DICKINSON Emily( American poet)
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Biography DICKINSON Emily
DICKINSON, Emily (Dickinson, Emily) (1830-1886), American poet. If life were published only seven of her poems. Born Dec. 10, 1830 at Amherst (pc. Massachusetts), never left his native city. Living far from cultural centers, was not familiar with any of the well-known writers of his time. Close relationship maintained with only a few friends and many relatives. Up to 25 years led the life typical of a young girl of her time. Marry not come out and, after the manner of old maids, gradually drifted away from society. By 1860-m years Dickinson became almost a recluse, and after 1870 and did not leave the house. Probably, this form has taken her all the artist's desire for solitude, because that's when it really devoted herself to poetry. We can not exclude the fact that in her renunciation of worldly things, some elements of religious seclusion. The only writers, with whom she maintained relationships, was a writer and critic TW Higginson. These are small poems, amazing beauty of form and richness of thought. Dickinson varies in his work a few major themes, and her works can be divided into 4 groups. The first form of the poem, which refers to its principles of artistic creation (strategy of thought, embodied it in words, the ratio of 'periphery' and 'center' in the hierarchy of important poetic themes) and the perception of the poet of the world, ie. that in this world is for her poetically valuable. She reveals to the reader what she wants to write poems and how they should be perceived. In the last paragraph of her aesthetic theory - artistic perception - linked to a second group of poems dedicated to nature. In the most simple of them attempts to cover all variety of natural forms and phenomena, and when it turns, . it is virtually impossible, . it creates a cycle of more complex works of the disappearance of these forms, more, . opening for themselves, . that the main property of matter - the movement, . She wrote a number of original poems, . in which nature is represented as a process,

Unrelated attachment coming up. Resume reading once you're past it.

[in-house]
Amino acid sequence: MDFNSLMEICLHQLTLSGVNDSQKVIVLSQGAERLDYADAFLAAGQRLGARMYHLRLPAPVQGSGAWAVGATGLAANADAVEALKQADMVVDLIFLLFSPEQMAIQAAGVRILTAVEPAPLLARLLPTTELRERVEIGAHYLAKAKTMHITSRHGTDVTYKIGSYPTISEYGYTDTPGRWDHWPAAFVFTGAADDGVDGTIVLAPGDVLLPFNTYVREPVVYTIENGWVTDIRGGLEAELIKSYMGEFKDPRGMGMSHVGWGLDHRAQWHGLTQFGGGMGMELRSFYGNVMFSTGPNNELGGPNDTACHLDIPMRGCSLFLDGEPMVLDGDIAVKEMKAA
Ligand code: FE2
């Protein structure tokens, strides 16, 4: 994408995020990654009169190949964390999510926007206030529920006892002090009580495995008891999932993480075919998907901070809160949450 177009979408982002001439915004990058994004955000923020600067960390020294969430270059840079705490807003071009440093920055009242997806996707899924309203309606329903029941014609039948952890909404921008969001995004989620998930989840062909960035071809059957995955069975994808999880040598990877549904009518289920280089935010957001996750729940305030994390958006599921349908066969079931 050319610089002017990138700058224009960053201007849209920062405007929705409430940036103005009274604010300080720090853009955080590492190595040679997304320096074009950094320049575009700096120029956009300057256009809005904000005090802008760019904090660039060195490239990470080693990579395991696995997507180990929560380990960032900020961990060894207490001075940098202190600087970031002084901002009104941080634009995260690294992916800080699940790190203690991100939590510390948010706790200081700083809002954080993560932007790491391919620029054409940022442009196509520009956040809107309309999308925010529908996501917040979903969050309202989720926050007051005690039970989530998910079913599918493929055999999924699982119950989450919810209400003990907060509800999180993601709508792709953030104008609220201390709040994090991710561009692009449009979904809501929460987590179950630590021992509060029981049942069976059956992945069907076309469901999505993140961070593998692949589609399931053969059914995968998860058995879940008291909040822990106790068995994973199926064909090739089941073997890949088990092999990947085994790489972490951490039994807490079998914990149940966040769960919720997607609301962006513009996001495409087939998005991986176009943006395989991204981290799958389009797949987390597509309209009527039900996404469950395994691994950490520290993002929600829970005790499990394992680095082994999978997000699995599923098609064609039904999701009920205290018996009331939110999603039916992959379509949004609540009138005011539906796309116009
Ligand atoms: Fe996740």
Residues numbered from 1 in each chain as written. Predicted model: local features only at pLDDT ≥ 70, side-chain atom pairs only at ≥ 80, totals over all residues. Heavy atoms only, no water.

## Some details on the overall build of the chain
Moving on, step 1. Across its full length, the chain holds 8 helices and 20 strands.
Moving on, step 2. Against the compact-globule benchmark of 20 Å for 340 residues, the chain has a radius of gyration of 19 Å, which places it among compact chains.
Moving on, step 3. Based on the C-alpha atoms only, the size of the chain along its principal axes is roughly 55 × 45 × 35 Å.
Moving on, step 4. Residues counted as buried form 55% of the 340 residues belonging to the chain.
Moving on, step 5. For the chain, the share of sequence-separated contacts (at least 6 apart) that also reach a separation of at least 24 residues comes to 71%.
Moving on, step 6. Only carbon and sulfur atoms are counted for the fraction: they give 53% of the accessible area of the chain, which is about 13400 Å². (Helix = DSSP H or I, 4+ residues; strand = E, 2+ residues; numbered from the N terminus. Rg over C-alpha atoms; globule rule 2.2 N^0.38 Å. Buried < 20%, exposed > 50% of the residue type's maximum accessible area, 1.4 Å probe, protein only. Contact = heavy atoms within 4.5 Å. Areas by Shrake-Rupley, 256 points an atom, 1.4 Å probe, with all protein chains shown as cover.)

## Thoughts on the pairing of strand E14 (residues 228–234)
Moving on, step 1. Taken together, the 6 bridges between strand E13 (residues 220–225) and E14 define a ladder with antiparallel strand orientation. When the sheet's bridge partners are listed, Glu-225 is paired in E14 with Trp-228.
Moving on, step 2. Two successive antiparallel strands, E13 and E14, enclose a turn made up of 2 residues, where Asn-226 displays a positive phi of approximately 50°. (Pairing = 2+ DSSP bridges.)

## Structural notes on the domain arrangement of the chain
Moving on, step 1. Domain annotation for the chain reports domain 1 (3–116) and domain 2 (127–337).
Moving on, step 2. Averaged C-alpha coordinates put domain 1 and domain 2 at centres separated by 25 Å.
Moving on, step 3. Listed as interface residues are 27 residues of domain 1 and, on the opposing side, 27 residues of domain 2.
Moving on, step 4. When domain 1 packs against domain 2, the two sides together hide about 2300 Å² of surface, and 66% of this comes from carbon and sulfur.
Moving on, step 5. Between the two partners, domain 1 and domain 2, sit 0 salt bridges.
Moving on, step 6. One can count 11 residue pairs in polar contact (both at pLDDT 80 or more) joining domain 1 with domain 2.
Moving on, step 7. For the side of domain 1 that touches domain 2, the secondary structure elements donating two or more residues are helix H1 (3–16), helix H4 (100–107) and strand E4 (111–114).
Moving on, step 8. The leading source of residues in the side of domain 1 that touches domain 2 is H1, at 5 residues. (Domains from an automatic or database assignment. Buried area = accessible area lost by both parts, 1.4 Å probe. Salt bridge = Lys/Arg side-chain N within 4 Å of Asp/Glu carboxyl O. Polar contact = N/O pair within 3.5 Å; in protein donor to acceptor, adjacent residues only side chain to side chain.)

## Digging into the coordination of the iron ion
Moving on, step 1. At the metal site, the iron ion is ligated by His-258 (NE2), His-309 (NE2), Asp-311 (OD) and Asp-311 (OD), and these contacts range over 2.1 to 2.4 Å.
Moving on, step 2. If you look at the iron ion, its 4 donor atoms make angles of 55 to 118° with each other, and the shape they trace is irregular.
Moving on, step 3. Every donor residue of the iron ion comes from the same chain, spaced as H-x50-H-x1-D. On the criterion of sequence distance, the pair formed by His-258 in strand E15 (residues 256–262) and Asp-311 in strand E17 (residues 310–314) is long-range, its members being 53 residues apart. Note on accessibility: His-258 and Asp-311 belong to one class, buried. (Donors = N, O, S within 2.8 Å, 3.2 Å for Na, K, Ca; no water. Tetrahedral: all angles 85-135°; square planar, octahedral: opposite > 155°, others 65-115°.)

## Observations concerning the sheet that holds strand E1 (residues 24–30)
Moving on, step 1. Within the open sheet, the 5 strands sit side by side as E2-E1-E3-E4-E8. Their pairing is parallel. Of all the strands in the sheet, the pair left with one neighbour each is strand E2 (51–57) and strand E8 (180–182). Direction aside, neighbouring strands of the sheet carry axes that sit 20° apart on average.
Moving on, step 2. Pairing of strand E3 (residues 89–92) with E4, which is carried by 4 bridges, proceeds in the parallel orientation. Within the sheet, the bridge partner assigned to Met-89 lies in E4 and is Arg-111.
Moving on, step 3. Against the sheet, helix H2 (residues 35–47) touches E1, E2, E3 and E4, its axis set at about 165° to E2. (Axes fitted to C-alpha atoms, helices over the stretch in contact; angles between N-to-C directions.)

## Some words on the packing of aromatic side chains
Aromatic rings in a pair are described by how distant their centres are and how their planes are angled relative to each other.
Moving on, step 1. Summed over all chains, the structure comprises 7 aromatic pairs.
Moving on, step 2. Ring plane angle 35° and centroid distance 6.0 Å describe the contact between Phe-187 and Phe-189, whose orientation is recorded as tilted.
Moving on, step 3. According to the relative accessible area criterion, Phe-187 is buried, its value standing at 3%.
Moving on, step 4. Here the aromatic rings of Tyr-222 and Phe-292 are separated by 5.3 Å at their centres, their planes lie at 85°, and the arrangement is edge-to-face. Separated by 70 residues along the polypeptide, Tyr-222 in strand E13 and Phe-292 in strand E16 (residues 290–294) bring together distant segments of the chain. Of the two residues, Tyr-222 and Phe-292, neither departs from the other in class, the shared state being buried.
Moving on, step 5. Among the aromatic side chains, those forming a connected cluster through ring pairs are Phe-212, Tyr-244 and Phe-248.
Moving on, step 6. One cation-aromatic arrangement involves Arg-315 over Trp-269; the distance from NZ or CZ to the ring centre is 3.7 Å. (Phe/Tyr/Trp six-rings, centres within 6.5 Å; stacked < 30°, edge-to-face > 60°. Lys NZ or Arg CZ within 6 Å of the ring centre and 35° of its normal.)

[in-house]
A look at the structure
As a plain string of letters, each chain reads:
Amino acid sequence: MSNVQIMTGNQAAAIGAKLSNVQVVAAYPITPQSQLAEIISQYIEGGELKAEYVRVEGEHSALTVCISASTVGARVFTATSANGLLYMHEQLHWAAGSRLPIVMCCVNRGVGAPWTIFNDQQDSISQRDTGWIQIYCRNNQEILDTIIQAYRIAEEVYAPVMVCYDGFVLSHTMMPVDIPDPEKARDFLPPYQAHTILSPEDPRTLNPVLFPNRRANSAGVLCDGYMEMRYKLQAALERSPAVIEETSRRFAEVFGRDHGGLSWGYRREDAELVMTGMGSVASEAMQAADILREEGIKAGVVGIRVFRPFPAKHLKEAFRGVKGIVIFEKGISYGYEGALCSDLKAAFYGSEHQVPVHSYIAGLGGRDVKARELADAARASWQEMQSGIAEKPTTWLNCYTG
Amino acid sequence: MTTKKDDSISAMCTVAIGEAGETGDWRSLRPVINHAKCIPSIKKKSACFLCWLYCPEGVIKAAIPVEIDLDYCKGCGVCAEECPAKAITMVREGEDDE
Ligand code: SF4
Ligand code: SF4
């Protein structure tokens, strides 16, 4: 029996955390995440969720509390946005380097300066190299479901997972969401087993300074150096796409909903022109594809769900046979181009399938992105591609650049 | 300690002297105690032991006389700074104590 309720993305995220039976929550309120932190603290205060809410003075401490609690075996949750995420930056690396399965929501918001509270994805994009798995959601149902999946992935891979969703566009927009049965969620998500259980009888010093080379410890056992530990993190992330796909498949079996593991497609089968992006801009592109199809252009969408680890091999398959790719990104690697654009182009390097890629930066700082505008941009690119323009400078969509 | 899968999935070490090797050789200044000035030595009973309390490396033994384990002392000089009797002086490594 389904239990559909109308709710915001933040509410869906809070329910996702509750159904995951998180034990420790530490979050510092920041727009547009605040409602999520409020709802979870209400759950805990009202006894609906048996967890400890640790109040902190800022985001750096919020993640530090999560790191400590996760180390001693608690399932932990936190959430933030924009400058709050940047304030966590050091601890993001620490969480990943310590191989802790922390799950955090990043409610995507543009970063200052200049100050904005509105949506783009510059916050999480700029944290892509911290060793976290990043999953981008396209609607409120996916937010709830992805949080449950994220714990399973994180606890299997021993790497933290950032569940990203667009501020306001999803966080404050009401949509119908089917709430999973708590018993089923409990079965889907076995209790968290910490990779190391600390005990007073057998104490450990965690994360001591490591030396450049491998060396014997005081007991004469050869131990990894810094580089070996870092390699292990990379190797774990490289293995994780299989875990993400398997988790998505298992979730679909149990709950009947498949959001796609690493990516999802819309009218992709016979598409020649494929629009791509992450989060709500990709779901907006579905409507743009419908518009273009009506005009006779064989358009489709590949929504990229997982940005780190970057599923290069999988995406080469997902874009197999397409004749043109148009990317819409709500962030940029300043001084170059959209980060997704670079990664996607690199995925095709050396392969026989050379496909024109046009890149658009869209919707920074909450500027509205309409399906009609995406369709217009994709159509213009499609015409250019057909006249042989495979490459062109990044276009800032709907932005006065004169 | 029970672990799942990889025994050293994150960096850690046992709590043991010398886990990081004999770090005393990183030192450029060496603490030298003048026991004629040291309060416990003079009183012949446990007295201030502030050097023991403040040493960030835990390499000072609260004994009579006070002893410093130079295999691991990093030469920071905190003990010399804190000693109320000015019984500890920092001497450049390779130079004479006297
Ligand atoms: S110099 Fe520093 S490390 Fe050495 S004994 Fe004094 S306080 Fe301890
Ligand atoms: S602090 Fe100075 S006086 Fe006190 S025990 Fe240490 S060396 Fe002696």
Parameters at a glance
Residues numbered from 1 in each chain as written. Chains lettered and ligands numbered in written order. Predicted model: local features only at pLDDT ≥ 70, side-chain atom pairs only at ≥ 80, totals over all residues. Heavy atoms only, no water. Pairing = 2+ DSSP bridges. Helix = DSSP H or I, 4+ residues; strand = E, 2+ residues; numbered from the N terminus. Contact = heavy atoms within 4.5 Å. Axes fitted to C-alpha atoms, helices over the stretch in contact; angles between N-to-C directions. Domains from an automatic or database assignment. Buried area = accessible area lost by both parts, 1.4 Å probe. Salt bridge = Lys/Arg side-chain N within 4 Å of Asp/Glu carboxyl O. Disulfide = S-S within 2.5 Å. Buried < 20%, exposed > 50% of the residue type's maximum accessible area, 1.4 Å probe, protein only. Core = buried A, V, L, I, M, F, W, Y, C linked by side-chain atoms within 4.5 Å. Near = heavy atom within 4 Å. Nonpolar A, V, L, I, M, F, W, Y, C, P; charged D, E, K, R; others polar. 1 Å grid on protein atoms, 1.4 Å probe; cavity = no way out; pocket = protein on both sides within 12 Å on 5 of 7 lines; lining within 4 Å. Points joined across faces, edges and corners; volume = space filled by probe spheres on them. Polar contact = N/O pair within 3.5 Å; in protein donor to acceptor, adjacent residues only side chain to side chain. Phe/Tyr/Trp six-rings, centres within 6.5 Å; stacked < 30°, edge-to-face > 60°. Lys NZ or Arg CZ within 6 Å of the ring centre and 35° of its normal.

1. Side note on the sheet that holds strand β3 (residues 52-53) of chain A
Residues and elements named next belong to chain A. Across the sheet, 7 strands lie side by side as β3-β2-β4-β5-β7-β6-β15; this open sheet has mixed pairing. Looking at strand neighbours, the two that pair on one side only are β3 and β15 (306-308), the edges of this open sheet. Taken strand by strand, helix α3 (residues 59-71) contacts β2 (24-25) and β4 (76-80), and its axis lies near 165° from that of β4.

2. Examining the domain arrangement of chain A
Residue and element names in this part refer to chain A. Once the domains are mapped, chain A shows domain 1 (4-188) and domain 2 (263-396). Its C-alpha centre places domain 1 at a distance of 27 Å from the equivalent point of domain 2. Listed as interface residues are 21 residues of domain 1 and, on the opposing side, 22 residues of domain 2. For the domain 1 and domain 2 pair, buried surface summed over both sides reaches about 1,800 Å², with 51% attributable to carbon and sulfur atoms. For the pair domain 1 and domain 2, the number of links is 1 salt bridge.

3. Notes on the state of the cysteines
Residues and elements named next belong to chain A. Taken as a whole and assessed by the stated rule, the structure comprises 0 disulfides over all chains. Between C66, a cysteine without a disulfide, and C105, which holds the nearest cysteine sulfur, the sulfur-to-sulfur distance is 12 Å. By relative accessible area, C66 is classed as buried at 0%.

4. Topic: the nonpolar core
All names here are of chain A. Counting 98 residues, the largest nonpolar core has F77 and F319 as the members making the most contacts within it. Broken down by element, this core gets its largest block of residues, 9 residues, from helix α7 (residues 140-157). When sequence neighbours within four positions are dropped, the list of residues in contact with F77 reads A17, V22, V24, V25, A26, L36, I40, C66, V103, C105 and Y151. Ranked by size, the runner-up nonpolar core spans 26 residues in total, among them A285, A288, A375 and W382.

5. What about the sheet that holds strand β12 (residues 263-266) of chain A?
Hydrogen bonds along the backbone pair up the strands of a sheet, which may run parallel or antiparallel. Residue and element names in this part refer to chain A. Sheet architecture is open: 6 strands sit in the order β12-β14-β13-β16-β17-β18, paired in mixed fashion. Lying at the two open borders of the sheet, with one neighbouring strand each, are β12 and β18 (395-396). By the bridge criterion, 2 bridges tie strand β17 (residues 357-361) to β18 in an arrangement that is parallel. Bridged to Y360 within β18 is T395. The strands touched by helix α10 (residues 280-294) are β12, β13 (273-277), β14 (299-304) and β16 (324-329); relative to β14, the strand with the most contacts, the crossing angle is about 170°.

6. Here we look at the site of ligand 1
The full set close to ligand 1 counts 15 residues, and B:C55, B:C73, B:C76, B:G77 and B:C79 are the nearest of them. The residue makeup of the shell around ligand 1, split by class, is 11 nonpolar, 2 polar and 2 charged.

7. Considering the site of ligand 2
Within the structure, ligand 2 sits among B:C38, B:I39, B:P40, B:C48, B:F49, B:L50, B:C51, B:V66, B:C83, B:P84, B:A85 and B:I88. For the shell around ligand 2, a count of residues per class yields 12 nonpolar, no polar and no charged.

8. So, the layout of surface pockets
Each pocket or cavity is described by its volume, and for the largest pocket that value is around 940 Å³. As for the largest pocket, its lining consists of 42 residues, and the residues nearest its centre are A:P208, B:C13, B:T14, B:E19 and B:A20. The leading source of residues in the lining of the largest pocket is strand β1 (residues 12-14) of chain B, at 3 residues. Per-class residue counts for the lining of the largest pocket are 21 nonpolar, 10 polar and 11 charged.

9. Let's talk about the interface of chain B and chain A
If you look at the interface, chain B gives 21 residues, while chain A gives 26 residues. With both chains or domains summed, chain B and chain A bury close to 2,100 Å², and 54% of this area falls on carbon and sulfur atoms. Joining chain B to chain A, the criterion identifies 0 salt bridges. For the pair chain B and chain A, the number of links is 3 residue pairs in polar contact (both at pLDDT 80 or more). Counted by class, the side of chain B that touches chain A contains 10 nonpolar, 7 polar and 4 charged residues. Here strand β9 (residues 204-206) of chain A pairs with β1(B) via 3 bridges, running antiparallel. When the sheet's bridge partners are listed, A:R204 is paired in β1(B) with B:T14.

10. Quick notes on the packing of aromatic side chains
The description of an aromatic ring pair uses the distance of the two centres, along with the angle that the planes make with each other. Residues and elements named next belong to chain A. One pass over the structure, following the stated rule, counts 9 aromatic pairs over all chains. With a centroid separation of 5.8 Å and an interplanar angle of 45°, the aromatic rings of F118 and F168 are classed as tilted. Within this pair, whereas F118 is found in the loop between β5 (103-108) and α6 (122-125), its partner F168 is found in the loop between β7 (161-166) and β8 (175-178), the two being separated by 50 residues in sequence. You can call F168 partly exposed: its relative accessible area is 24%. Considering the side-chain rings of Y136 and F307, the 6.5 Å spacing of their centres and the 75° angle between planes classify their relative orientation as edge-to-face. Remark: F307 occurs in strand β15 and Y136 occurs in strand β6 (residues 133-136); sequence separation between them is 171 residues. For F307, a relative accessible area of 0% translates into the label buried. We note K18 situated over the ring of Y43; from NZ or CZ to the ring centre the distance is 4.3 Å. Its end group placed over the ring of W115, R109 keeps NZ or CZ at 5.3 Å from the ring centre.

. If the outside world slips away from the poet, . Dickinson returns to his only reality - the inner world, . as evidenced by the third group of her poems, . which embodies the two poles of human emotions - ecstasy and despair, , . than feeling more moderate,
. Finally, . as ecstasy and despair are inseparable from the spiritual aspirations of the individual and the inevitable end of its expectations, . they inevitably enter into creativity Dickinson another theme - the hope of man for immortality, . and poems in this section are the top works of the poetess,
Academic Meeting of Dickinson's poems in 3 volumes was published in 1955, T. Johnson, and he also published in 1958, three volumes of her letters.
Dickinson died in Amherst May 15, 1886.